Las Vegas buffets: Your guide to lavish nonstop dining on the Strip
Nothing says “America” like excess, and nothing says “excess” like Las Vegas, and nothing says “Las Vegas” like the all-you-can-eat buffet. By the transitive property, that makes the AYCE buffet the most American thing imaginable. We sifted through a heap of them to help you decide where to do your patriotic duty.
Aria Resort & Casino
Among the major Strip hotels, the theme-less Aria is a mystery. Does the name reference coloratura sopranos? The youngest Stark girl on “Game of Thrones?” (No on both counts.) The pragmatically named Buffet at Aria ($30.99 for brunch, increased to $35.99 on weekends) has variety on its side. Among the standbys, you’ll find an offering of menudo and glazed plantains, a tandoor station and, at breakfast, a big vat of cream of wheat. That said, there’s also some buffet weirdness, like the way that pancakes are served as slices out of one massive pancake. As with many of the buffets in town, you’re kindly thanked for “limiting your dining experience to two hours.” Don’t think you’re arriving at lunch and then staying until dinner, buddy. — LKP
Bally’s Sterling Brunch
Open only on Sundays, Sterling’s claim to buffet fame is all-you-can-eat caviar and all-you-can-drink Champagne — and a hefty $125 price tag. The reality is less glamorous than the promise. The bubbles flow, yes, and there is caviar, sure, but it’s prespooned out into tiny mismatched containers. Other than that, it’s slim pickings. You’ll line up in a single small drab room for stringy crab claws, overcooked lamb, gloppy oysters the size of your palm and rubbery lobster tails. Beware the gargantuan free popover that a server delivers to your table upon seating: It’s not very good, and I got the feeling that it’s provided to fill you up early. You can allegedly order dishes including eggs benedict and chopped salad from your server, though that wasn’t the case when I visited. Reservations are strongly recommended; Bally’s is not. — AC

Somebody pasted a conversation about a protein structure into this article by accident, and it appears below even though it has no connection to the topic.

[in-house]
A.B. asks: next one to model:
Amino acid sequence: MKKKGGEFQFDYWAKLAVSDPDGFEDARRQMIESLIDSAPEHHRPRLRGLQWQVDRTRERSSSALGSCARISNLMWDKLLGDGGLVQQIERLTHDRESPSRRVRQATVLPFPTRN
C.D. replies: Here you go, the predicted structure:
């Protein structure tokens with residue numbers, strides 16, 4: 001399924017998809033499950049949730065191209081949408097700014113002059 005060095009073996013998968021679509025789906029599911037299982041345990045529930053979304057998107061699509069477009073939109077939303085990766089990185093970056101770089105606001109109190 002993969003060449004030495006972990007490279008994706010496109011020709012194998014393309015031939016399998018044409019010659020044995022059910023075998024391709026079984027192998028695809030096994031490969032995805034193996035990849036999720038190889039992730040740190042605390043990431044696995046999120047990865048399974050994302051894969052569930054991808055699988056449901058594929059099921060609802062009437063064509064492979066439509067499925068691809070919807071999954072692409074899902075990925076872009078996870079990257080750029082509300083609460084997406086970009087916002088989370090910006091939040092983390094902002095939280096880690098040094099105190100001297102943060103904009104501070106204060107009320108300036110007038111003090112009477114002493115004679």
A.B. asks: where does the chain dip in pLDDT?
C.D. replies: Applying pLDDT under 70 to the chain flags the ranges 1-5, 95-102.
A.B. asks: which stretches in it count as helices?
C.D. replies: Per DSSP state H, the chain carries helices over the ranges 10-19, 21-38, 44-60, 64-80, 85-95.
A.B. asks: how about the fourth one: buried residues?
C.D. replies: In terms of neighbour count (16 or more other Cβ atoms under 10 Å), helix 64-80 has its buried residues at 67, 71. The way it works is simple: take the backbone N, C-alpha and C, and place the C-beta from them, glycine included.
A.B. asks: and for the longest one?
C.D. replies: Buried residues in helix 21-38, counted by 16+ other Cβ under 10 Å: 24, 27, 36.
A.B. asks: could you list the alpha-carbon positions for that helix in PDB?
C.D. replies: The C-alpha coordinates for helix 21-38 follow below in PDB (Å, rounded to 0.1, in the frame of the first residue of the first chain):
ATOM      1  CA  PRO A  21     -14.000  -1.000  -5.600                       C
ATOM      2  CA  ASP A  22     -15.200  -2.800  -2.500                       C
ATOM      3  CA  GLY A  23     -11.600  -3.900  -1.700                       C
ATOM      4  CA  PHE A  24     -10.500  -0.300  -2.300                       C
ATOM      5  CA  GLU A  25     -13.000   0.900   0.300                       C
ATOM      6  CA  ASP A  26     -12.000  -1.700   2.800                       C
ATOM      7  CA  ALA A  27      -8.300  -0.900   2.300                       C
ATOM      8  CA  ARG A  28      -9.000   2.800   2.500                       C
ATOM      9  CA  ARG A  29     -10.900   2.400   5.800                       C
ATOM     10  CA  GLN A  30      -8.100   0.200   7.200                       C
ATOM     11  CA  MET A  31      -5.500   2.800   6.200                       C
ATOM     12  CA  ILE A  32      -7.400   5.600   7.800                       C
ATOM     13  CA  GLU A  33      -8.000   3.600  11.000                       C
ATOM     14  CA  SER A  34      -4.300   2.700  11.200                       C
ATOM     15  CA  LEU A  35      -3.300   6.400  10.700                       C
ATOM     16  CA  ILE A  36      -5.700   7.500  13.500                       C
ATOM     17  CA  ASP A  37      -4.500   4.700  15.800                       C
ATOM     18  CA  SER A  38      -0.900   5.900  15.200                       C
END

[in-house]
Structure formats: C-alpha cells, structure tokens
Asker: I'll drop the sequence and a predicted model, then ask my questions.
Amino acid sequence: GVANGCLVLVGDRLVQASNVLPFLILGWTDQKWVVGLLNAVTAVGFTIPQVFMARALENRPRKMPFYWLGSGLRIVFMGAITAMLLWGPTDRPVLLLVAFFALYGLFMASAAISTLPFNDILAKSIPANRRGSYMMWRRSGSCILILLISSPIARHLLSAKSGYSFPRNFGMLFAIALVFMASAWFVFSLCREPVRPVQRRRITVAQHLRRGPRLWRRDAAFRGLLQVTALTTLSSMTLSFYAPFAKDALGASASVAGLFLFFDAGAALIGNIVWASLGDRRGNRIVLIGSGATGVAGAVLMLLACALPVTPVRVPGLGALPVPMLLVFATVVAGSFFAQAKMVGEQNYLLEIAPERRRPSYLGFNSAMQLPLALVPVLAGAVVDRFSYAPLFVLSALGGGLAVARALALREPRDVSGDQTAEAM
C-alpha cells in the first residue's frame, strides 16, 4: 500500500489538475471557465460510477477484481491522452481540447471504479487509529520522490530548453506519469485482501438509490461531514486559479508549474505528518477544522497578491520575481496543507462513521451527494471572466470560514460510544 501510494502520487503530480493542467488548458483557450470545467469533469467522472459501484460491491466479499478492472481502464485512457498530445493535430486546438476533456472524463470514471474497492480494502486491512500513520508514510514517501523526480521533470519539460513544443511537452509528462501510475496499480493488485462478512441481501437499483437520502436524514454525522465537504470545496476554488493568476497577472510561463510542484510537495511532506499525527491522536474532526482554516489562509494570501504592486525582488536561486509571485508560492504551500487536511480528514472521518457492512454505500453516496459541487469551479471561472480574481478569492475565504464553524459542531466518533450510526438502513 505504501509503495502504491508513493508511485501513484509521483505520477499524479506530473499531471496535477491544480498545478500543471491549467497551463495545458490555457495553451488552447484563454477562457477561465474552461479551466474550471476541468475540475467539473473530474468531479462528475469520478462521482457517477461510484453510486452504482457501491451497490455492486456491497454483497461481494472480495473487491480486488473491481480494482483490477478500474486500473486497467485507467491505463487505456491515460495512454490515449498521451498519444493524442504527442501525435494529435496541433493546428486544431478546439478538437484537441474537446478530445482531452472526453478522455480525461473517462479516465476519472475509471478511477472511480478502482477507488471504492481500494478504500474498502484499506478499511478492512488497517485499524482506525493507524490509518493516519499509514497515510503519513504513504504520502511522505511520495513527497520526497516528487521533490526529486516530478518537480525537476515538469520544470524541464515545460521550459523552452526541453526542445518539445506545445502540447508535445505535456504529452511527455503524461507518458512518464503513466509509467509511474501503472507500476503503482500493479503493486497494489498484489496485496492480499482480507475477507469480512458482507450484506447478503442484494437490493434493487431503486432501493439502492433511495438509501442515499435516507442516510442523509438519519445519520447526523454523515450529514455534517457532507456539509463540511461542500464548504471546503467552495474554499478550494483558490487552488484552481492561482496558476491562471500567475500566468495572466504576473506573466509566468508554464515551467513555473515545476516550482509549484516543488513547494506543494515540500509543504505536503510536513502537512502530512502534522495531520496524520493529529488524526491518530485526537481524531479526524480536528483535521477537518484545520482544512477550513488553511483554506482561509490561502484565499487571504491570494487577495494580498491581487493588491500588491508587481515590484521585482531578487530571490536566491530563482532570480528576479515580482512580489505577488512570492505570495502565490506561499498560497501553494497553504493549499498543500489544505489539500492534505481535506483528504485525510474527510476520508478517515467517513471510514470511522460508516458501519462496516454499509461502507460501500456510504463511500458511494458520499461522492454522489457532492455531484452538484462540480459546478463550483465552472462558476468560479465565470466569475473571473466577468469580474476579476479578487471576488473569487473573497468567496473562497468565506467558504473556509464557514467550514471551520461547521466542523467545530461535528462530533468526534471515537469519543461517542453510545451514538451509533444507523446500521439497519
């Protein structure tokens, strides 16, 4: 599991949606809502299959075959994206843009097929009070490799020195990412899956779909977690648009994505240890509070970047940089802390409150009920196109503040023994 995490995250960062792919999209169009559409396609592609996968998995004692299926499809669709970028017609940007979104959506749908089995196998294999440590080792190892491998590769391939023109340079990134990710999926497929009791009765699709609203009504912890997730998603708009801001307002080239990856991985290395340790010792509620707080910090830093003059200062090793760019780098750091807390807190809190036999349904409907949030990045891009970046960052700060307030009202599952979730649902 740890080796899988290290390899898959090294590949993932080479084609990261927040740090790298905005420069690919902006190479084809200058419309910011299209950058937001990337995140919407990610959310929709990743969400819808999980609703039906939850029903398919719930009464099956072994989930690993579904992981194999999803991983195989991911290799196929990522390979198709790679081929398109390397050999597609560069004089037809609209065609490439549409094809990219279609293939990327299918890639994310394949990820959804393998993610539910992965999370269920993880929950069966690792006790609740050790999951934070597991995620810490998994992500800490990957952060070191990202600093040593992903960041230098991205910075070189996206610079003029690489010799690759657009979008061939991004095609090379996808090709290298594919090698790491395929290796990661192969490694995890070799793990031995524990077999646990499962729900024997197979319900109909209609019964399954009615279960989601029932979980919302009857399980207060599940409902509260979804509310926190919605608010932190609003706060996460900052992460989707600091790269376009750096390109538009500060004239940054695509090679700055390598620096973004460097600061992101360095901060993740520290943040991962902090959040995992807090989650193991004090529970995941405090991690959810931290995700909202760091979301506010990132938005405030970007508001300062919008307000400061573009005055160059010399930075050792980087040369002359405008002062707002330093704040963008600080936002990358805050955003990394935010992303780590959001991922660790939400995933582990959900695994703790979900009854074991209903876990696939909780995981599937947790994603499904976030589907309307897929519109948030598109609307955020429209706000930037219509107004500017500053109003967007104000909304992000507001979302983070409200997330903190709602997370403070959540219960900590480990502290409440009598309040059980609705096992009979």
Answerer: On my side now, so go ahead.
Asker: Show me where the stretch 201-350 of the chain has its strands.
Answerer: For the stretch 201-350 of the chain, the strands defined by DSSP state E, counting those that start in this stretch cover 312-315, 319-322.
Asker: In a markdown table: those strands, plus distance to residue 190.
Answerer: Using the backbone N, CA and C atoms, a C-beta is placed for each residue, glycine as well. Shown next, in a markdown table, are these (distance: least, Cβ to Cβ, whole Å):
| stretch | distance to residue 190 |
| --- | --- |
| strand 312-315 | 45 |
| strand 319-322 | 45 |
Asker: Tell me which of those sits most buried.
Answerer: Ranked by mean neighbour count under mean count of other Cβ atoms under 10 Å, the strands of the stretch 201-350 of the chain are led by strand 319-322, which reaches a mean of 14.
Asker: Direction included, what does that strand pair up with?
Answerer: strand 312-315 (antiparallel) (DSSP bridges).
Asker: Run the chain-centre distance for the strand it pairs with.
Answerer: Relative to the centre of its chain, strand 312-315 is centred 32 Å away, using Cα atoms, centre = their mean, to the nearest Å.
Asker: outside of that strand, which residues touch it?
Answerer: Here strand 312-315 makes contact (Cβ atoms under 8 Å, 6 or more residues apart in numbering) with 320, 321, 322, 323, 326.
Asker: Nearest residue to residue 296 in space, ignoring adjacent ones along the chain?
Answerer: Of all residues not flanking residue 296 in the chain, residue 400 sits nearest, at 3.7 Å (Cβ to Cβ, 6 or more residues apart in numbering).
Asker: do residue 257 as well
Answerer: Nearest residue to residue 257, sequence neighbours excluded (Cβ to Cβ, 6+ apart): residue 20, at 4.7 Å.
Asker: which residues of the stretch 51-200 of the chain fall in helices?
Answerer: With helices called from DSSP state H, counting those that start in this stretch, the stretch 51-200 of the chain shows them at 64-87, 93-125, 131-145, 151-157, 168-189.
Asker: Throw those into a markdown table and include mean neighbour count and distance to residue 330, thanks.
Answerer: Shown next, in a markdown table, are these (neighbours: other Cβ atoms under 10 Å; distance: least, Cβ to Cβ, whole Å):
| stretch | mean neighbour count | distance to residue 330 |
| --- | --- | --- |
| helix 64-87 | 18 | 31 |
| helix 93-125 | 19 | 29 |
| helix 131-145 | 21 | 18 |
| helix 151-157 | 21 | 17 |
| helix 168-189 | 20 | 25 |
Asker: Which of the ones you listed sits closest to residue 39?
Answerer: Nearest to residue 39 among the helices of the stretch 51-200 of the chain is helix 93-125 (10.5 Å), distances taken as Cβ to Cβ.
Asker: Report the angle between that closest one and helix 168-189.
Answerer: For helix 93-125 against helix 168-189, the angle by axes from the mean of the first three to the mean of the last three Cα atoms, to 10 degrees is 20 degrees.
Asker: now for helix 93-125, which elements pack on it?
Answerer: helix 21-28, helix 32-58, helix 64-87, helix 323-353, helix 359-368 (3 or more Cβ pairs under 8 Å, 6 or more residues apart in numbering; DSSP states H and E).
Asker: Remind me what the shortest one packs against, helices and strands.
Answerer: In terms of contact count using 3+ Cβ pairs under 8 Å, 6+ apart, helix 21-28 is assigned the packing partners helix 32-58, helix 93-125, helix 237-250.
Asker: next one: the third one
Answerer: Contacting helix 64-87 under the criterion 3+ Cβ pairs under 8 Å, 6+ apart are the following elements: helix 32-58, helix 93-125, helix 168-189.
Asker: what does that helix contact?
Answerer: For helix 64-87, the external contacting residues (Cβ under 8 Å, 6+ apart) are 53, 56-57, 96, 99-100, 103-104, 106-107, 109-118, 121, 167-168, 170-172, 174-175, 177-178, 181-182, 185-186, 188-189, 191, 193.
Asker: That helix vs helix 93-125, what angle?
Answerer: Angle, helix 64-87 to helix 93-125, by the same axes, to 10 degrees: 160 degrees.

Whether you’re dining on the Strip or far away from it, in the mood to blow obscene amounts of money or looking for a quick and affordable meal, our dining guide will serve as a shining beacon, like the light on top of Luxor.
Something about the buffet experience falls short of the usual Bellagio extravagance. Most meals in the hotel are luxe, eaten in view of the fountains; they make for picture-perfect postcard Vegas Memories™. Not so at the buffet. To enter, you pass dated posters with a hybrid home-ec/travel agency from the ’80s vibe, advertising a “Taste of Italy” over a photo of pasta, olive oil and tomato or a “Taste of the Far East,” with shrimp, chiles and shiitake mushrooms. That sense of basic-ness carries over to the food. Little effort has been made to make anything sound better than it is: The placards plainly state white toast, wheat toast, green beans, pancakes, waffles, grapes. Do we need grapes labeled for us? At weekend brunch ($36.99, or $58.98 to add unlimited Champagne), there’s a make-your-own-omelet station, a limited selection of sushi (mainly California and spicy salmon rolls), and the buffet-ubiquitous heaps of crab legs and shrimp on ice. But Bellagio, you can do better. — AC
The Bacchanal Buffet at Caesars Palace, like Vegas itself, is a celebration of lavish excess, demanding indulgence of the highest order. Since undergoing a $17-million renovation in 2012, it’s been consistently lauded as one of the best buffet experiences on the Strip. You have to shell out a few bucks to book a reservation time; otherwise arrive early or be prepared to wait at least an hour. Once you make your way into the cavernous interior, you are the Roman god(dess) of gourmandizing; eat according to thine whims. There are no rules to stop you from erecting a tower of fire-roasted bone marrow with gremolata in the middle of your plate and surrounding it in a sacrilegious moat of ancho chile-braised birria and Impossible mapo tofu. Maybe you will hit up the dim sum station to pluck out some char siu bao and eat them on the way back to the table. Afterward, pick up some made-to-order tacos (al pastor, carne asada and chicken) or visit the noodle bar for ramen or udon. The rotation is constantly changing, with weekend specials like whole roasted suckling pig, wrapped in banana leaf with mango-pineapple salsa. A bacchanal, indeed. — BP